"Neither Negroes, Boys unable to bare Arms, nor old men unfit to endure the datigues of the campaign, are to be inliƒted."

   In a letter dated 31 December, 1775 to the President of the Continental Congress, General Washington stated:

"It has been repreƒented to me, that the free Negroes who have ƒerved in this Army, are very much diƒatiƒfied at being diƒcarded. As it is to be apprehended that they may ƒeek employ in the Miniƒterial Army, I have preƒumed to depart from the Reƒolution reƒpecting them and have given licence for their being enliƒted, If this is diƒapproved by Congreƒs I ƒhall put a ƒtop to it."

   The Congress responded to Washington by passing a resolution during its session of 16 January, 1776, which simply stated:

That the free negroes who have ƒerved faithfully in the army at Cambridge, may be re-inliƒted therein, but no others.

   According to Mark M. Boatner, in his book, Encyclopedia Of The American Revolution, stated that "Washington’s army is said to have averaged about 50 Negroes per battalion..."

   There were 755 blacks in the Continental Army according to a return dated 24 August, 1778. Unfortunately, the British were beginning to show success in the South and it was feared that many of the black men there would be tempted to join their side. There were a number of instances in which that had already happened. One theory for the attraction the British army held for the blacks, especially the slaves, was that between the Americans and the British, the British were the lesser of two evils. If you were a slave and escaped, there was the very real possibility that if you were taken into the British army, you would never have to go back to your previous master. Joining the American army did not carry with it the same possibility.

   Perhaps the first instance of blacks serving in the British army was at the Battle of Great Bridge on 09 December, 1775. A force of Patriots under Colonel William Woodford successfully marched against Governor Dunmore, who had set up fortifications at the one end of the Great Bridge near Norfolk, Virginia. Dunmore held, in reserve, a unit composed of two hundred and thirty ‘Ethiopians’ and ‘Loyal Virginians.’

   In April of 1776, when British General Henry Clinton arrived at North Carolina, his army took in seventy-one runaway slaves. These black men were organized into a company called the Black Pioneers commanded by Lieutenant George Martin. The name came from the use of the word pioneer to refer to a non-soldier who assisted in the functioning of the army. The Black Pioneers accompanied Clinton when he headed northward to take command of New York City. Except for a period in which they were assigned to General Sir William Howe’s army when he occupied Philadelphia, the Black Pioneers remained under Clinton’s command and protection.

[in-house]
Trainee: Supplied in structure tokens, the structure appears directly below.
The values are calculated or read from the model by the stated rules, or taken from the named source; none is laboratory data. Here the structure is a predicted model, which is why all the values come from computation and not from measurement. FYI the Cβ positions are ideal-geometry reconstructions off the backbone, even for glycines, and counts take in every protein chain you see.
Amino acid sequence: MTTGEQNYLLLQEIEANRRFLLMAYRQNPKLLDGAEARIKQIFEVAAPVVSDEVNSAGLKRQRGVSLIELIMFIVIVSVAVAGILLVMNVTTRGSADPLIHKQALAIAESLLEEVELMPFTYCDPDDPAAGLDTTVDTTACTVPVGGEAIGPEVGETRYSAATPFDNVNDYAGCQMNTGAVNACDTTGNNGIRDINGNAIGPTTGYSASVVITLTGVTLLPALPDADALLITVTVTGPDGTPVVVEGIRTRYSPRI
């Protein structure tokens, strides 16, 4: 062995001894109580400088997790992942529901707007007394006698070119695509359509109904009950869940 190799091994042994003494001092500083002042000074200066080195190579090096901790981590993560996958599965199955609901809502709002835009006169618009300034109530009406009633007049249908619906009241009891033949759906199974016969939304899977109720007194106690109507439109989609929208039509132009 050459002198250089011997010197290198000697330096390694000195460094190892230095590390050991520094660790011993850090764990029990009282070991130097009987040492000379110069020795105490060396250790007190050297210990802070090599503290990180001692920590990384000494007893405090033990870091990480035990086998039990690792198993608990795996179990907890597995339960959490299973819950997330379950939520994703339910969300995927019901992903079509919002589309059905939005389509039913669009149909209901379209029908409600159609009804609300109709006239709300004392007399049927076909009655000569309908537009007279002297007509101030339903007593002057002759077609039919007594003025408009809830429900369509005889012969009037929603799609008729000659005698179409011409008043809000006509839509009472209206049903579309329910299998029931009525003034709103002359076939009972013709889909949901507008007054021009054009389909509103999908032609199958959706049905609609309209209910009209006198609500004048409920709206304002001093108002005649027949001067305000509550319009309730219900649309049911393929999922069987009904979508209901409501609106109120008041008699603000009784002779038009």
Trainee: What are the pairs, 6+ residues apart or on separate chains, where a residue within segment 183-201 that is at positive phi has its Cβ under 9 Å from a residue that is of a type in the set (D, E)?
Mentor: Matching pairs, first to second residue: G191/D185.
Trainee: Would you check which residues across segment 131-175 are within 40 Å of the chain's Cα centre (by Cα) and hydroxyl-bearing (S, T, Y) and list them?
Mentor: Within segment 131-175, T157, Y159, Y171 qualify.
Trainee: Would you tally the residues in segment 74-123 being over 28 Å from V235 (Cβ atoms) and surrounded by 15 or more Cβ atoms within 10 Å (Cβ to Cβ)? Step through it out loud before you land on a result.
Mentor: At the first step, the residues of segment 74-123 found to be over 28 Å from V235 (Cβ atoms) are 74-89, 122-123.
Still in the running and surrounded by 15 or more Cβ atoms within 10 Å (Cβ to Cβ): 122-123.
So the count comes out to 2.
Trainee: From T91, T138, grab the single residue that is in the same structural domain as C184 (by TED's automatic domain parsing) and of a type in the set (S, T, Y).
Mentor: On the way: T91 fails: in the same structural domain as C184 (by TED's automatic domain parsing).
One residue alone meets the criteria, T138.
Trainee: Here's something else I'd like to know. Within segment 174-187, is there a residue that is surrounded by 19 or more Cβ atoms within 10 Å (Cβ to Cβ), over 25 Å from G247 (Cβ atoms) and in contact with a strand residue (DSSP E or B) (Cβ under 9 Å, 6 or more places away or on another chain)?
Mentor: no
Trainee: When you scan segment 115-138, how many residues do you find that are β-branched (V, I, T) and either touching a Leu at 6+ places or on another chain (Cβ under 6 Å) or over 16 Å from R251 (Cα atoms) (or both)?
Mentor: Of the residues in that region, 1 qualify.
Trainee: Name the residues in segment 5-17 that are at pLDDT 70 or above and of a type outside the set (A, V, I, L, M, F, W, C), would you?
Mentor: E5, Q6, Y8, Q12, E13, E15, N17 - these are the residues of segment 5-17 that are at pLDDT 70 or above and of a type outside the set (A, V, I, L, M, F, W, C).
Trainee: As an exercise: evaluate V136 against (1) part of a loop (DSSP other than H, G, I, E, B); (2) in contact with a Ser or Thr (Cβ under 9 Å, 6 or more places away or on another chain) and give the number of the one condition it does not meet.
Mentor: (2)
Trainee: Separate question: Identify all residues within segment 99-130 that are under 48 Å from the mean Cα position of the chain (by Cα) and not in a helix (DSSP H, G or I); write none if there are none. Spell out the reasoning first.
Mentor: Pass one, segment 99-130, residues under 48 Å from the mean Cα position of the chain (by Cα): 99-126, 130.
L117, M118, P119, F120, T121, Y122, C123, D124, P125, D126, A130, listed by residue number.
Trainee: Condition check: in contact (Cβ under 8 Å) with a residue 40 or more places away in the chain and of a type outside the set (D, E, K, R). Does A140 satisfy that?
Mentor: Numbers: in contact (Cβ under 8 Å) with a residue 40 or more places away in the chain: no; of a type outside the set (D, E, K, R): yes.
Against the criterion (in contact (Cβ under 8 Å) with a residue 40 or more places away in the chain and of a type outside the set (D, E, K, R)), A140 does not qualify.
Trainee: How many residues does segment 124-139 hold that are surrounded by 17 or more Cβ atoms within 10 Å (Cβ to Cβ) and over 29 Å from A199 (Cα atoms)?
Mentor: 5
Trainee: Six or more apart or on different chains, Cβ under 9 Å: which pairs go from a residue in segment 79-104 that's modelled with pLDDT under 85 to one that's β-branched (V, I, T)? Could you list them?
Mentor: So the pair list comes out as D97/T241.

As was feared by many of the Americans, their black slaves were encouraged into running away by promises of freedom. Governor Dunmore issued A Proclamation on 14 November, 1775, in which freedom was promised to

...all indentured Servants, Negroes or others (appertaining to Rebels)..that are able and willing to bear Arms, they joining His MAJESTY’S Troops as ƒoon as may be, for the more ƒpeedily reducing this Colony to a proper Senƒe of their Duty...

   Perhaps Dunmore’s Proclamation gave General Washington the motivation to reconsider his stance on the enlistment of black men into the Continental Army, and to write the letter to the Continental Congress on 31 December, 1775.

   Clinton issued the Phillipsburgh Proclamation four years later, on 30 June, 1779, in which he granted sanctuary and freedom to any black slaves who ran away from their white masters and made it to the British lines.

   According to the records of Commissioner John Cruden, nearly 5,000 ex-slaves were placed in the employ of the British army after the taking of Charleston, South Carolina in 1780.

   During the siege of Yorktown, it is believed that nearly 5,000 blacks left the region aboard British merchant ships bound for Jamaica.

   When the British evacuated Savannah, Georgia in August, 1782, approximately 3,500 blacks were transported to first to Jamaica and then to St. Augustine in colonial East Florida.

   Charleston’s evacuation resulted in 5,300 blacks being transported in December, 1782 to Jamaica and then to East Florida.

   When the war had formally ended with the Treaty of Paris signed, and the British were making preparations to evacuate New York City, the last city held by them, nearly 3,000 blacks, of which nearly 1,300 were men, waited to be transported along with the British from this country.

   The foregoing figures from the various cities occupied by the British, reveal the effective-ness of Clinton’s offer of freedom. Some of the members of the Continental Congress foresaw such an exodus of blacks to the enemy, and urged their fellow members to enact legislation that would enable them to reverse that trend.